The appellants, defendants below, were served by the Marshal with a process signed by the Clerk of the Court and under the seal of the Court which fully described the parties and the case and stated the time and place of hearing, to which were attached a copy of the petition and of the order of the judge allowing its filing and fixing a hearing twelve days later. None of these papers mentioned an interlocutory hearing or contemplated anything except a final trial. The defendants appeared in court and specially moved to dismiss the petition for want of jurisdiction in the court over their persons, since they resided in the Northern District of Florida. This motion was proper under Rule of Civil Procedure 12(b) (2), 28 U.S.C.A. following section 723c. It was overruled and a trial had in which they declined to participate. The decree was for a perpetual injunction, and included a judgment overruling the special motion.

The defendants, as was their right under Rule 73(b) appealed from that part only of the decree which overruled their motion. They designated as record to be sent up only that bearing upon that motion, and in obedience to Rule 75(d) served a statement of the points intended to be relied on, towit: 1. The Court erred in taking jurisdiction and making appellants parties. 2. Appellants could be sued only in the Northern District of Florida where they were inhabitants. I think it is the clear duty of the appellate court on such an appeal and on a record so made up to decide only the points specified. We all agree that they are not well taken, according to Public Utilities Commission v. Landon, 249 U.S. 236, 39 S.Ct. 268, 63 L.Ed. 577. The judgment ought accordingly to be affirmed.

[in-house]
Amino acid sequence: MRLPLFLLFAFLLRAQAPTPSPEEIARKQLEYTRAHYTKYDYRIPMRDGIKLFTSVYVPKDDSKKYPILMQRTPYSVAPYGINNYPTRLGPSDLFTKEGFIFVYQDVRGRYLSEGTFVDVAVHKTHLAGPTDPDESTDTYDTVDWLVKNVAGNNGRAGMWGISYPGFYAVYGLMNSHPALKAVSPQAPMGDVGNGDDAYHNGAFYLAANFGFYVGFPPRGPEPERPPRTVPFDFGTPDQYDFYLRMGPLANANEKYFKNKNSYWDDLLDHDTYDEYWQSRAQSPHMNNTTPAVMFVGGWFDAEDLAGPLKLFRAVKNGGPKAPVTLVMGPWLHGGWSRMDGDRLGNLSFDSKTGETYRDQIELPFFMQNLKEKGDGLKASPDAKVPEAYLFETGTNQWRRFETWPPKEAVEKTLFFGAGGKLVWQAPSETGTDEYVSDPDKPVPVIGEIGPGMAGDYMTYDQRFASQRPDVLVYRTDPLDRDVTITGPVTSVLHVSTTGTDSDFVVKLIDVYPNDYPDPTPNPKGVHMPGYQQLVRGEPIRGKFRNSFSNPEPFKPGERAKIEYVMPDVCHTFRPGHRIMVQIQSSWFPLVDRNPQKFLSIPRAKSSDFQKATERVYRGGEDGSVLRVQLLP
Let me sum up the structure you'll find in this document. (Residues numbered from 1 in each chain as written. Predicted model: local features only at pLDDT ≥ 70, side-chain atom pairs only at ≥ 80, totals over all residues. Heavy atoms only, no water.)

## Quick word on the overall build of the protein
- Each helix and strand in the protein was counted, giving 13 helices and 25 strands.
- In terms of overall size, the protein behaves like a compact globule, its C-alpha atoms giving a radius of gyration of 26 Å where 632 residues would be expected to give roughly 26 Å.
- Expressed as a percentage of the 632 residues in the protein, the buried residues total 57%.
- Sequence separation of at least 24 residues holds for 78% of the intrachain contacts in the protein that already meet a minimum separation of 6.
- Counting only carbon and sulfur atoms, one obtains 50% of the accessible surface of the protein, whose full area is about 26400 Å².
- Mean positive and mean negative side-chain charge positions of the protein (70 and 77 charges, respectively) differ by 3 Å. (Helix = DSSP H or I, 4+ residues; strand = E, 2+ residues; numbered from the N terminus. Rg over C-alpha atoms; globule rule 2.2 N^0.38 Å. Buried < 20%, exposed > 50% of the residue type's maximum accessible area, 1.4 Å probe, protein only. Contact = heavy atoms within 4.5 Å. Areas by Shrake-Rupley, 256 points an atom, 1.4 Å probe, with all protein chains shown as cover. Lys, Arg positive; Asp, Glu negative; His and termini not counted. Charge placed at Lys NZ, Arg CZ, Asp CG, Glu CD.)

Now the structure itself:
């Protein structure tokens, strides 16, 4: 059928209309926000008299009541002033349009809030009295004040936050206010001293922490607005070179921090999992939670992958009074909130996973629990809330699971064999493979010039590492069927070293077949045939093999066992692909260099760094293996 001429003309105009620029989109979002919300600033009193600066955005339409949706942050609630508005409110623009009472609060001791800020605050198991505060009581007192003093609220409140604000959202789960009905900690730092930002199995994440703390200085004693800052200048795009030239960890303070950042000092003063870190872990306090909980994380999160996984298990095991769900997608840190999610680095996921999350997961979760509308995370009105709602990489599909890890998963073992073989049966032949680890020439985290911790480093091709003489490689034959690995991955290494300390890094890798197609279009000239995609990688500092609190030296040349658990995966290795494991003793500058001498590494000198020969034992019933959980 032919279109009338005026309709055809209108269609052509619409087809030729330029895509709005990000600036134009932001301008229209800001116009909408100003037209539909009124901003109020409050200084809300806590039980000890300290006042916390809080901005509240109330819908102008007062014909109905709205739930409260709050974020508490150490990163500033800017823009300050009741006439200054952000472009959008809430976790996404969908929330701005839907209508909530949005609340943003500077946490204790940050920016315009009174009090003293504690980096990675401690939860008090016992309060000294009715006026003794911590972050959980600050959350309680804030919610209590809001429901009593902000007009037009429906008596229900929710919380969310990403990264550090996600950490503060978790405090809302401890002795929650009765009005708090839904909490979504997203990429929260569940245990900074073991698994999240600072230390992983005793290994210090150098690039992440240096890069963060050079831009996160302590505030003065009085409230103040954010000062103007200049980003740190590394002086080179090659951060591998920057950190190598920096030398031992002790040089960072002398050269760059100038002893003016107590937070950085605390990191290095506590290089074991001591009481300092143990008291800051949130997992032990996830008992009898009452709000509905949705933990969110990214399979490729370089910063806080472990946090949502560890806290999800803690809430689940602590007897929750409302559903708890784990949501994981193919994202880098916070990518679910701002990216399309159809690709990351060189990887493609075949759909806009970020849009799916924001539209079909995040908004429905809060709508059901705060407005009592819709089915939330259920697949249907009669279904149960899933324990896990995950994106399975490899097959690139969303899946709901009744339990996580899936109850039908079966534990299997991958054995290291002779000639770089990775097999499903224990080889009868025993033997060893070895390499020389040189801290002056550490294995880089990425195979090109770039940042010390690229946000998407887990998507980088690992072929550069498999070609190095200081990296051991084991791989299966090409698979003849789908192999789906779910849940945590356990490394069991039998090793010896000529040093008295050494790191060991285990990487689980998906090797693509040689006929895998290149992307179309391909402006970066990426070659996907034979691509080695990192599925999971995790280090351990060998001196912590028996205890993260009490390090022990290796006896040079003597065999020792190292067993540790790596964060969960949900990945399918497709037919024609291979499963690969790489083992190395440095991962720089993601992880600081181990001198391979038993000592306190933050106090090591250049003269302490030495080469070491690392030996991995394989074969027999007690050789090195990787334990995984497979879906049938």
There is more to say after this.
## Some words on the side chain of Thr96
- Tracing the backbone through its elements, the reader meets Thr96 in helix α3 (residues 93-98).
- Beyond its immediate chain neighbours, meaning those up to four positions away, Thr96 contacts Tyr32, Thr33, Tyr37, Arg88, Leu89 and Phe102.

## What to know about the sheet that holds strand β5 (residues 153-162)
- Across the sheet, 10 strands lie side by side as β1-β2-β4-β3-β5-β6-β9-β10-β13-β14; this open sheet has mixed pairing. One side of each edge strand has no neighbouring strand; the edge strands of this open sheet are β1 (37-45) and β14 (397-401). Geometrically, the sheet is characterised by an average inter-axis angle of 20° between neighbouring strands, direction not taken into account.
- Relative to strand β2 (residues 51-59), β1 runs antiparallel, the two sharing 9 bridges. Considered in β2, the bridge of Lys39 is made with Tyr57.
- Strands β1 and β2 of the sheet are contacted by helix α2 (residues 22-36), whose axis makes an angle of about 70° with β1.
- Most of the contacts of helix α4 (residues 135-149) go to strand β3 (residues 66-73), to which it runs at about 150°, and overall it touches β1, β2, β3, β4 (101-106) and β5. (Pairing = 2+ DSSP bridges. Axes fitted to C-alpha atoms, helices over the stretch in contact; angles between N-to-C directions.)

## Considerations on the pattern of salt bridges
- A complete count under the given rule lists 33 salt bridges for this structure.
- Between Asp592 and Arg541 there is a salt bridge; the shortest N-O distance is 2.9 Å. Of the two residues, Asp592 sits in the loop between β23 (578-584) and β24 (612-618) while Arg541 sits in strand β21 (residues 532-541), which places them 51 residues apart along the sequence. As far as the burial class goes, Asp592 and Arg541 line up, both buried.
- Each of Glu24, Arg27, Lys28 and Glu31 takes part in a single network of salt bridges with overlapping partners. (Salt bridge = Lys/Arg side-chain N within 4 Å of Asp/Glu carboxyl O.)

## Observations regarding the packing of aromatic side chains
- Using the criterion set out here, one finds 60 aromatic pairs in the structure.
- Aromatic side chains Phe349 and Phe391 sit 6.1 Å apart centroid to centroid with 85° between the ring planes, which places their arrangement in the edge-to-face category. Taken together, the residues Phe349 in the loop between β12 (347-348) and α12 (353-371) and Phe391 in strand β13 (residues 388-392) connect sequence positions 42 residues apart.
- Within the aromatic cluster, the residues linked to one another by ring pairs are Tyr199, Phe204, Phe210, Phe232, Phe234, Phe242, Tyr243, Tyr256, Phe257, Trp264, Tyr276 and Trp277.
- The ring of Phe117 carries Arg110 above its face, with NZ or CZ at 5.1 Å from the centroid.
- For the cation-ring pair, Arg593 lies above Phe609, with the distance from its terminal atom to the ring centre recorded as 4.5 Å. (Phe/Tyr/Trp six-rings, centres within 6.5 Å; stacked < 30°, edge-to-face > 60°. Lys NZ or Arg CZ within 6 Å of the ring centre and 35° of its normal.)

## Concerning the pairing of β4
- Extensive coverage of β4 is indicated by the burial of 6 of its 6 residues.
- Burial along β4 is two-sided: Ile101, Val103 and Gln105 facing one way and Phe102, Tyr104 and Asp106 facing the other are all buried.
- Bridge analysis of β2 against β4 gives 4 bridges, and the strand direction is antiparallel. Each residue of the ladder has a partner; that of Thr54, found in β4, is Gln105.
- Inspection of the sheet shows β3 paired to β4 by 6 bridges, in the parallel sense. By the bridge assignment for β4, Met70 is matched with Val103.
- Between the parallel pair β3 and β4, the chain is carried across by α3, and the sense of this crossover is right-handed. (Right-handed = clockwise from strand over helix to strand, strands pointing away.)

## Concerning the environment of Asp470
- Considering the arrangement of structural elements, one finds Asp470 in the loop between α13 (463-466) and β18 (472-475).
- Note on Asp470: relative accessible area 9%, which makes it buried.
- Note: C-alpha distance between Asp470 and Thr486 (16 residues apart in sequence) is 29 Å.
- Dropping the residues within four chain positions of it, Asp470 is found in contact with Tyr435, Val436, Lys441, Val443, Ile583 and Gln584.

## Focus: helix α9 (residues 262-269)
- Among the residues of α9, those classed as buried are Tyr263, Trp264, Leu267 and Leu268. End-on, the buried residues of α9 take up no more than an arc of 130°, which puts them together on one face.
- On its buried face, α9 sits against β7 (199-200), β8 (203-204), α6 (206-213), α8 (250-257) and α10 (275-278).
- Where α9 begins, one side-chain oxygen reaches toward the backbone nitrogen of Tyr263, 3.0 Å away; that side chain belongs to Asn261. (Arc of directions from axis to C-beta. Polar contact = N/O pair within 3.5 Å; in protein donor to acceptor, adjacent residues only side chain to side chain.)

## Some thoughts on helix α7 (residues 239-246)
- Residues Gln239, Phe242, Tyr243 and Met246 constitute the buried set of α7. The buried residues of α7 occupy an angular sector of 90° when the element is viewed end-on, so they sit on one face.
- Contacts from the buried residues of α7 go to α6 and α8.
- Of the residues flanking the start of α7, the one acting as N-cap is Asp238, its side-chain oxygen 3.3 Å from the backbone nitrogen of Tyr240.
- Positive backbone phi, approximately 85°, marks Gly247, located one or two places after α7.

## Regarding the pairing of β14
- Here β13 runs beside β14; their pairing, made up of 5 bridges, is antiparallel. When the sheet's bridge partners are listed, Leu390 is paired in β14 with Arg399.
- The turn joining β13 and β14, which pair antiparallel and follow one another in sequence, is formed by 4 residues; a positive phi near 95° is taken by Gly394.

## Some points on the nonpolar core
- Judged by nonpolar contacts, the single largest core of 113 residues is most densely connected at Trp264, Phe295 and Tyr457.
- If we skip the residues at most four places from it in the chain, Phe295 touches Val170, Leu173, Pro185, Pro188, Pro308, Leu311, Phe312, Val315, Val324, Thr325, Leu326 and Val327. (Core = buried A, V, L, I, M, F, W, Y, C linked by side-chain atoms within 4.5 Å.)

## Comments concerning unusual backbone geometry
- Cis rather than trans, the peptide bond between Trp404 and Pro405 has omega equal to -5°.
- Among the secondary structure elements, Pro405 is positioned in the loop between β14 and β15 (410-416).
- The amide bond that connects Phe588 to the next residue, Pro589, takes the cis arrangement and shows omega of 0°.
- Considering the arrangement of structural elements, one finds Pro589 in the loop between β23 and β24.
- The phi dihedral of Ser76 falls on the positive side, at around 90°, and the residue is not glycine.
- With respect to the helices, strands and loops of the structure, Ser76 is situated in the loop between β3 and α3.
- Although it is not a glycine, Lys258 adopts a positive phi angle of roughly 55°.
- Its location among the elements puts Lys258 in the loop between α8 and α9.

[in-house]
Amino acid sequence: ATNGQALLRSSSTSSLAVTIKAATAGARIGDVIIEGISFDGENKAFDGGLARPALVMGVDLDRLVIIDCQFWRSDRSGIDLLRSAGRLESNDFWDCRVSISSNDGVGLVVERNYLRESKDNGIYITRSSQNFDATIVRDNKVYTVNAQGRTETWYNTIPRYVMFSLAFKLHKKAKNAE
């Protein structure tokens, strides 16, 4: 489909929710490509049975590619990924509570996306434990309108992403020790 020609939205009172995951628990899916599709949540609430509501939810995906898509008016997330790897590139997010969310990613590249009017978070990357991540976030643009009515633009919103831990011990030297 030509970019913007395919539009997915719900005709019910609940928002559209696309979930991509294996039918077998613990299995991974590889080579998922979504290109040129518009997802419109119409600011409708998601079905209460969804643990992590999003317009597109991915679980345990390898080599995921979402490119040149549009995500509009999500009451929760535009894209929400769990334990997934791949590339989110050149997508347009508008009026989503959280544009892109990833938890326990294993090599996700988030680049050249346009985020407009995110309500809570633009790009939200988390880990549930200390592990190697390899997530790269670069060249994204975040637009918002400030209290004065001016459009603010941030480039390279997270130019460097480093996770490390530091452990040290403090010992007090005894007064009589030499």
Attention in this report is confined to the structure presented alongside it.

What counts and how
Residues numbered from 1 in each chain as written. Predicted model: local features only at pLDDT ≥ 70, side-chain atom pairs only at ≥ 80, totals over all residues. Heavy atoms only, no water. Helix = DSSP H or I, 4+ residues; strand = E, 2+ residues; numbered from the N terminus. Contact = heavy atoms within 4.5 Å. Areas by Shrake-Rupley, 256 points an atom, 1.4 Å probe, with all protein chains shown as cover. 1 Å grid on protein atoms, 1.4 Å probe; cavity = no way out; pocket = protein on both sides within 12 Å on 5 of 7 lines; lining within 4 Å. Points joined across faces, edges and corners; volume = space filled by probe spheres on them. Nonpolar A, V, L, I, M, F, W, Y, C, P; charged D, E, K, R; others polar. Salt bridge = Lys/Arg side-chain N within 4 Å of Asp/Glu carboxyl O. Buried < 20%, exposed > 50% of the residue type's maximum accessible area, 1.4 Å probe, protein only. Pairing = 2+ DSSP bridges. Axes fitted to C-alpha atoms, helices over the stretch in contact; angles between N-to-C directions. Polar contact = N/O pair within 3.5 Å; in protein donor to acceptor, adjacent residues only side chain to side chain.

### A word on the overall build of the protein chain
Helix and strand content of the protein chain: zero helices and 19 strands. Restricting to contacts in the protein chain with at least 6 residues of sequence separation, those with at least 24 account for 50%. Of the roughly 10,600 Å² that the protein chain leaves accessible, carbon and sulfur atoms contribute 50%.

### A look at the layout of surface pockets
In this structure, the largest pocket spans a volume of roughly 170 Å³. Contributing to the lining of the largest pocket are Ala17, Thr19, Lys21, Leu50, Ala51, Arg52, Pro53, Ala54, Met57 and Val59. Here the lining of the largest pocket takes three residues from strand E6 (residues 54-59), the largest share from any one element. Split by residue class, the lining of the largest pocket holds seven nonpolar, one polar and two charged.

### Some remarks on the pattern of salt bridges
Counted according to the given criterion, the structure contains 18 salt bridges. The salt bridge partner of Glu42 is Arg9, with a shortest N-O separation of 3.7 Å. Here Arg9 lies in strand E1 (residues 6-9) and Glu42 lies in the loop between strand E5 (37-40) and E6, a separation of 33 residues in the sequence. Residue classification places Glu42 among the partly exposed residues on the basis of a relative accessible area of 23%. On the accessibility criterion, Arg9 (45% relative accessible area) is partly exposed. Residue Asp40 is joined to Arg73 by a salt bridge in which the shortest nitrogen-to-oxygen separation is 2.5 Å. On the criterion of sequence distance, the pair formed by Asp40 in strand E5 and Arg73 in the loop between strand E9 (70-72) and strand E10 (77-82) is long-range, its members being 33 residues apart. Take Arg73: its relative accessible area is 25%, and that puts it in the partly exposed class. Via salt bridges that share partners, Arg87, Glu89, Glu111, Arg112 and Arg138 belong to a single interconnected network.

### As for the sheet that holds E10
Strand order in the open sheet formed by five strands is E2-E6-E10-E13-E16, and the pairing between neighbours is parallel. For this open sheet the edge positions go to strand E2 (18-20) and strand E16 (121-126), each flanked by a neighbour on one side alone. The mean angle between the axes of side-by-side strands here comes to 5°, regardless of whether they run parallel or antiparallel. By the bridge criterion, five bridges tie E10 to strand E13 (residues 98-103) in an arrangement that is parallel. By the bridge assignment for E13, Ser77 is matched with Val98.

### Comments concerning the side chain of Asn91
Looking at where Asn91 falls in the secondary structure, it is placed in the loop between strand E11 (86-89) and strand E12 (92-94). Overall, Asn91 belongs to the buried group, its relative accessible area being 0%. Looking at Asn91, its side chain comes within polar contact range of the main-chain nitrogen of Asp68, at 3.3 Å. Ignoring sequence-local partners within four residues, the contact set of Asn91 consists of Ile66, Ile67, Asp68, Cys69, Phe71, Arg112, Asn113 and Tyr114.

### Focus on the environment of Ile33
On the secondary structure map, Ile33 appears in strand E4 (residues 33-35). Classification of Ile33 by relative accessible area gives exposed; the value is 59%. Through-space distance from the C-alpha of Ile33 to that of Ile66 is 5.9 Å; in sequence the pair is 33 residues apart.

But if we ought to go further and examine whether the process is sufficient to support a final decree the same result should be reached. The process was not merely the Judge's order, but the Clerk's paper, issued under the seal of the Court. It was more nearly in the old form than that suggested in the appendix to the Rules, Form 1, 28 U.S.C.A. following section 723c, but it contained in substance what is required by Rule 4. I think its main irregularity lies in naming dates for pleading and trial earlier than the Rules fix, on this point following the order of the Judge rather than the Rules. This irregularity or insufficiency might have been objected to by motion, just as the venue was objected to, Rule 12(b) (4), but it was not. By the plain provision of Rule 12(h) the insufficiency of the process was thus waived. The defendants were content with the form of the process if they could be sued in the Southern District of Florida. This was again made perfectly clear when they appealed only on the question of venue and specified that as the only point relied on in the appeal. It would be a serious breach of the scheme of the Rules to allow a pleader to do away with Rule 12(b) and Rule 75(d) by calling his motion to dismiss a "special appearance". The Rules provide for no such appearance, but they do give full protection to all the rights formerly preserved by such an appearance, in the motions provided in Rule 12. Granting that the process here was irregular, its insufficiency was waived and the judgment should be affirmed. There is no complaint that the final decree is wrong either in law or fact.